Police StateVoluntaryist.com | In his book, The Survival Home Manual, Joel M. Skousen notes that “the bureaucrat never does any of the dirty work for the prosecution of his rulings.” In other words, a judge or administrative officer who cites a citizen for the conduct of illegal activities never directly enforces his own edicts. If the activity in question – such as building a house without a permit – continues after it has been administratively determined such activity should stop, then the bureaucrat in charge of regulating such affairs usually initiates a case before the judicial branch of government. If the defendant refuses to “cease and desist,” then the judge has the power to hold the offender in contempt. Instead of arresting a person for “building a house without a permit,” the judge authorizes a policeman or sheriff to arrest the offender for “contempt of court.” The crime then shifts into a different playing field. The issue then becomes one of “control,” and the offense becomes one of questioning and denying the power and authority of the State and its judicial system. As Skousen puts it,

“Notice, that if you ever resist bureaucratic ‘law,’ you are not prosecuted for resisting an inane and unconstitutional law, but for “defying the court” or “resisting arrest.” Separating the act of resistance from the initial law which motivated the act is one of the slickest ways to bring a populace into line with bureaucratic law.”

A compliant citizenry makes it easy for the State to mask its ultimate sanction. Usually the threat of arrest and imprisonment is enough to make most people docile and obedient. However, if a person wishes to resist, and refuses to submit to “court orders,” he will usually find himself overwhelmed by State force, usually in the form of drawn guns ready to shoot. All State law, no matter how petty, has as its final punishment your death – should you decide to resist to the bitter end. In this enlightened age, there are few hold outs who would dare the State to go this far, but in the late 1970s John Singer, a fundamentalist Mormon living in Utah, defied court orders that he cease teaching his children at home. Ultimately, he would not peacefully submit to an arrest, and after holing himself and his family up in their mountain hideaway, he was eventually shot and killed by law enforcement officers on January 18, 1979.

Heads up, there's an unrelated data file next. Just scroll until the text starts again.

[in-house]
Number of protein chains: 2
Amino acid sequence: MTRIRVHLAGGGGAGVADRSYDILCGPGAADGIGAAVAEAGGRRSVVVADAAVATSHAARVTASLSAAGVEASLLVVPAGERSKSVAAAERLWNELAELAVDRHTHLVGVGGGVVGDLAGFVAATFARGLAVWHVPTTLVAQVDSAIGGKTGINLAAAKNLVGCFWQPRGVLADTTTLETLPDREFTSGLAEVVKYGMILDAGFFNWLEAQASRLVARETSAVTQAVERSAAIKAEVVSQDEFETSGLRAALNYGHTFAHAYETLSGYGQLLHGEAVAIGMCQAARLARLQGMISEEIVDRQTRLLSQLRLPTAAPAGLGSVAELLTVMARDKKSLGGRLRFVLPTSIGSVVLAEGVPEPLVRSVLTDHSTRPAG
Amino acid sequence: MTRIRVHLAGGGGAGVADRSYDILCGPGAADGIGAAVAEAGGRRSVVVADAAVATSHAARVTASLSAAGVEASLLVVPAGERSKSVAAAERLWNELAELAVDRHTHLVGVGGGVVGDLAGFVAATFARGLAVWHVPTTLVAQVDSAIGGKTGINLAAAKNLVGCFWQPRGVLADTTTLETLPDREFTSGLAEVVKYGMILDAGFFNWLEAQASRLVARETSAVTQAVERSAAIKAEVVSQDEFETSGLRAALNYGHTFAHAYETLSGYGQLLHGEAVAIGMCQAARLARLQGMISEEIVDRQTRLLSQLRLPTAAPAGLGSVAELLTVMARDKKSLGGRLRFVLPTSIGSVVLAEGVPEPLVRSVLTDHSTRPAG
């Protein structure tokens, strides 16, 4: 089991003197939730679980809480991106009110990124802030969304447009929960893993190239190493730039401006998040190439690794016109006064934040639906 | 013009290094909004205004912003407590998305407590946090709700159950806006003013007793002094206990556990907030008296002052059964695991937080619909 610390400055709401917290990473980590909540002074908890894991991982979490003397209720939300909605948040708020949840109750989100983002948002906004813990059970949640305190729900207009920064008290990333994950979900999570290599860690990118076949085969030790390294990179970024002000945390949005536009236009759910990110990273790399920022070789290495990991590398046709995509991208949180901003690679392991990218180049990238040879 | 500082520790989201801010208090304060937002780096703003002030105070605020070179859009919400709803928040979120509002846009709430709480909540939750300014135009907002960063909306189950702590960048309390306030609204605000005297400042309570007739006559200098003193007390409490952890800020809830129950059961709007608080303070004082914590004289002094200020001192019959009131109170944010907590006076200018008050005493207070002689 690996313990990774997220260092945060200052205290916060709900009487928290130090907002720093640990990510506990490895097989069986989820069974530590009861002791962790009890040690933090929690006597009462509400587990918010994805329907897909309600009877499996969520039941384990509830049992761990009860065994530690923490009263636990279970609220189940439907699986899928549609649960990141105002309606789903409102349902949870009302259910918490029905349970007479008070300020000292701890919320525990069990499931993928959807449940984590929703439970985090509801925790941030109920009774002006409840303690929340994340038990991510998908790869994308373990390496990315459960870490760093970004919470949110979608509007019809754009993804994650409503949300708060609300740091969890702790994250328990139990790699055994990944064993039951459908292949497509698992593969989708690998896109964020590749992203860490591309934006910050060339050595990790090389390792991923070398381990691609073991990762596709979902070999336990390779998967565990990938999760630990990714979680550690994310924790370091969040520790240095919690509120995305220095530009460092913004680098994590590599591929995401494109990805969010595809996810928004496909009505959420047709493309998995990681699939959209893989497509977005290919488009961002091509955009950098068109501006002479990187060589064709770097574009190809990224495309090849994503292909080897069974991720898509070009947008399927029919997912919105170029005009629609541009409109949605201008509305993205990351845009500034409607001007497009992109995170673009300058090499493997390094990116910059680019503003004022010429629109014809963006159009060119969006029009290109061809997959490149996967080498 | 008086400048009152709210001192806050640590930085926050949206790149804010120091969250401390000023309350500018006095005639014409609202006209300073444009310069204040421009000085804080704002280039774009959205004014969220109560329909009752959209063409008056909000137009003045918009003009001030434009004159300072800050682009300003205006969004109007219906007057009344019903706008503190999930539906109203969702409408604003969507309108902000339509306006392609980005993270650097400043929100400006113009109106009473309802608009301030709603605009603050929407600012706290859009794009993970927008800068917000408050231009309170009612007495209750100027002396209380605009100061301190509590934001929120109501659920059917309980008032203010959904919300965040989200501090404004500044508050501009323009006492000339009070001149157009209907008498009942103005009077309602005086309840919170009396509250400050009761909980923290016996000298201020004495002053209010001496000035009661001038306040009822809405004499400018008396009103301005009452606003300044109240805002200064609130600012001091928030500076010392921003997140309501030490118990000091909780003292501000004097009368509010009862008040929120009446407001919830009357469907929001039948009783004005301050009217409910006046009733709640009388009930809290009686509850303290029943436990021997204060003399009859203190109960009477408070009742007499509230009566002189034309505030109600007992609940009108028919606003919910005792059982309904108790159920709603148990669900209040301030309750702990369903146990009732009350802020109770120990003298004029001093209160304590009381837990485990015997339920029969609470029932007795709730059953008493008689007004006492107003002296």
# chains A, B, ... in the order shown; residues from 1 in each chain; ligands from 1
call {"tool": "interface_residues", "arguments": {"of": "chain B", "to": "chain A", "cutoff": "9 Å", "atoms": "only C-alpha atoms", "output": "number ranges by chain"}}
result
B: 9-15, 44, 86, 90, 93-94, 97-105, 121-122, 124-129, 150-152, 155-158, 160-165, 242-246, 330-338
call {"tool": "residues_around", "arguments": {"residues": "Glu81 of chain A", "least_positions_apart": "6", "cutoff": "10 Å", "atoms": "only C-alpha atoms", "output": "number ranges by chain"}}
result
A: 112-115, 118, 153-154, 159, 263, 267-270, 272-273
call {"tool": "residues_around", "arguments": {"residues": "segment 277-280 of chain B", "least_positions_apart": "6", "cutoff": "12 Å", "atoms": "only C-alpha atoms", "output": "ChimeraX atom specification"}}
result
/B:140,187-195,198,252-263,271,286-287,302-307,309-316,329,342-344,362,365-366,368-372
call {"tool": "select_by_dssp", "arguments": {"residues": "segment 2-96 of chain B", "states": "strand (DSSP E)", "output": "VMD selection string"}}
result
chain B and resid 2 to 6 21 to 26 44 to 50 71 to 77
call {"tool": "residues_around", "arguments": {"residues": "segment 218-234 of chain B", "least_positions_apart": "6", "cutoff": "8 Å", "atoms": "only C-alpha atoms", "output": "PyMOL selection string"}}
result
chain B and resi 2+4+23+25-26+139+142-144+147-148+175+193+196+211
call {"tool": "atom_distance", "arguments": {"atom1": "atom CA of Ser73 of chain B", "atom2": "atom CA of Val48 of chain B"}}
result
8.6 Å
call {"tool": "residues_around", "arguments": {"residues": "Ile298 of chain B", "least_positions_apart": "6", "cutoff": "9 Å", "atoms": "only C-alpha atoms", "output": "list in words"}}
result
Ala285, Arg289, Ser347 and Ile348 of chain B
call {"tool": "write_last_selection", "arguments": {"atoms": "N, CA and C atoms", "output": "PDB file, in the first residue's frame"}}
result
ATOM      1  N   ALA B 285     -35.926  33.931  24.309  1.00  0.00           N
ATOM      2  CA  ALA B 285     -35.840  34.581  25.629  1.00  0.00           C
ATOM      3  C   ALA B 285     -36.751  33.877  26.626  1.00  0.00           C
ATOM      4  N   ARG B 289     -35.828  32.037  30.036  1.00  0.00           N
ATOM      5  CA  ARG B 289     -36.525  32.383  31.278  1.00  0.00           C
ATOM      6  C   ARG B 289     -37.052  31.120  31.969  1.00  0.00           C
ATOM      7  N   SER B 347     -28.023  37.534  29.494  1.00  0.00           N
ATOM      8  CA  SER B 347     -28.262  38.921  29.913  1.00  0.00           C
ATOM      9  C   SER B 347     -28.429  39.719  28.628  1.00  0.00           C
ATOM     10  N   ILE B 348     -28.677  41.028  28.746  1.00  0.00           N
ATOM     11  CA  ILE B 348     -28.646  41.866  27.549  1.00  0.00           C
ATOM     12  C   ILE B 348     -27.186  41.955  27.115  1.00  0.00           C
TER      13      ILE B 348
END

The saga of John Singer should be of interest to voluntaryists for a number of reasons. First, it is concrete proof that State sovereignty rests on force and its threat. Second, it presents the dilemma of conscientious homeschool parents: Who has the final say how children should be raised and educated? Who has the right to say what they are taught, and how they are taught? Should homeschool parents acknowledge State supremacy in matters of schooling and submit to the State by complying with its regulations, or should they go their own way, as John and Vickie Singer did? In short, the case of John Singer epitomizes the question: Who ultimately controls the children in our society – their parents or the State? The purpose of this article is to look at some of the important evidence necessary to answer these questions. Read More